The colonial loot and plunder not only deprived us of our material wealth but also deprived us of our intellectual wealth and worth. A civilization which had contributed so much to the world till that point in time was destroyed systematically and deliberately by the colonizers and the tragedy continues to this day. We have not yet recovered. We have not yet made a clean break with that colonial legacy.

Let us take the case of metallurgy in India. It is perhaps not known to many that India was once a world leader in metallurgical science and technology. The Indus valley civilization was known for innovative use of metals like copper, lead, tin, gold and silver. Harappan sites indicate that in addition to making pure copper of 98.5% purity, alloying with tin and arsenic to produce bronzes of various kinds was being practiced. It was for example known to our ancestors that copper-tin bronze having more than 11% tin become brittle and 8-11 % tin was best for obtaining artifacts having an optimum combination of strength, ductility, toughness and shock resistance.

Zinc – The Metal from India

Based on extensive archeological evidence, Prof A K Biswas documented that the earliest artifact containing an appreciable amount of zinc anywhere in the world was from India. During the Harappan era copper used to be alloyed with tin and arsenic, but artisans in the Rajasthan-Gujarat region discovered how to produce pure zinc from zinc sulphide ore. Thus it became possible to make brass with high  zinc content. The earliest brass artifact containing more than 28% zinc which could only be made with the production of pure zinc metal, came from Taxila. According to Biswas, zinc smelting technology must have traveled west from India during the 6th and 5th century BC, as it did later again in the 18th century AD.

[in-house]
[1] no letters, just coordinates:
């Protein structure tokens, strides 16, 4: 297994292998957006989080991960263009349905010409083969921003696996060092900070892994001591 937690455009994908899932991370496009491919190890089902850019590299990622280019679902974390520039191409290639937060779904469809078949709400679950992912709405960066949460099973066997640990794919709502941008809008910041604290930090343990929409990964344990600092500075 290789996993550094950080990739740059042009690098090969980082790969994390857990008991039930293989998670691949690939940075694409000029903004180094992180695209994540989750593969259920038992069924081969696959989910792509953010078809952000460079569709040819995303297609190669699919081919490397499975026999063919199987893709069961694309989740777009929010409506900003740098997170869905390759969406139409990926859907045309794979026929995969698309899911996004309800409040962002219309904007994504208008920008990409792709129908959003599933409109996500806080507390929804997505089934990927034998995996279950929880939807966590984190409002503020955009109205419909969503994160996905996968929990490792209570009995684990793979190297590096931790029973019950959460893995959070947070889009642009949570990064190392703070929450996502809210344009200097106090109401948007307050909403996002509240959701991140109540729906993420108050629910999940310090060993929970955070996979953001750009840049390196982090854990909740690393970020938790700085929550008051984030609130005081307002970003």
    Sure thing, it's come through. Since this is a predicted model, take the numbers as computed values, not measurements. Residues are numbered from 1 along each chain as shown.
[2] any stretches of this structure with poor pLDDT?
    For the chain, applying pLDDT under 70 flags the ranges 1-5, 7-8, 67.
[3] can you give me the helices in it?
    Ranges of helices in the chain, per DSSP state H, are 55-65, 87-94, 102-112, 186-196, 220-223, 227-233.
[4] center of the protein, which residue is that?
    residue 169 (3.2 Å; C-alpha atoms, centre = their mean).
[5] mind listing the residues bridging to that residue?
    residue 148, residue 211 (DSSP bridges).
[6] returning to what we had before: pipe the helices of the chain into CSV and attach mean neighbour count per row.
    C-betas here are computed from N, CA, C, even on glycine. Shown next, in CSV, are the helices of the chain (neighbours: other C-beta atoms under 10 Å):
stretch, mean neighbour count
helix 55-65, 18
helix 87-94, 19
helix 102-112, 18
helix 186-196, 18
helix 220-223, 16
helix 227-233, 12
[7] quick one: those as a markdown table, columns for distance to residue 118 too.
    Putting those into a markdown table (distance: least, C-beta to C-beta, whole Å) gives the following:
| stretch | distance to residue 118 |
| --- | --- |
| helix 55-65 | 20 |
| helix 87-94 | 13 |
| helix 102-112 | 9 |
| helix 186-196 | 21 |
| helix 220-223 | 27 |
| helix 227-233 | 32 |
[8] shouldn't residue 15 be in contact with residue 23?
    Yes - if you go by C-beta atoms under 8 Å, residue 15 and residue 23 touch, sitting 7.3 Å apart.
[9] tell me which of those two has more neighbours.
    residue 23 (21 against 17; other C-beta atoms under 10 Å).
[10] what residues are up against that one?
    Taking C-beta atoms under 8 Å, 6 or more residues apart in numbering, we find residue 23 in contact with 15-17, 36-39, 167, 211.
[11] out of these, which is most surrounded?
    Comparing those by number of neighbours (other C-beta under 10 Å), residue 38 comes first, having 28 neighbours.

According to C.V Sundaram, when zinc was still a curiosity in Europe as late as 300 years ago, it had already been produced in India for 2000 years as evidenced by carbon dating of wood and charcoal specimens at the ancient mines of Zawar in Rajasthan. It is estimated that more than 30,000 tons of zinc must have been produced at Zawar mines before they were closed down and rediscovered later in the nineteenth century.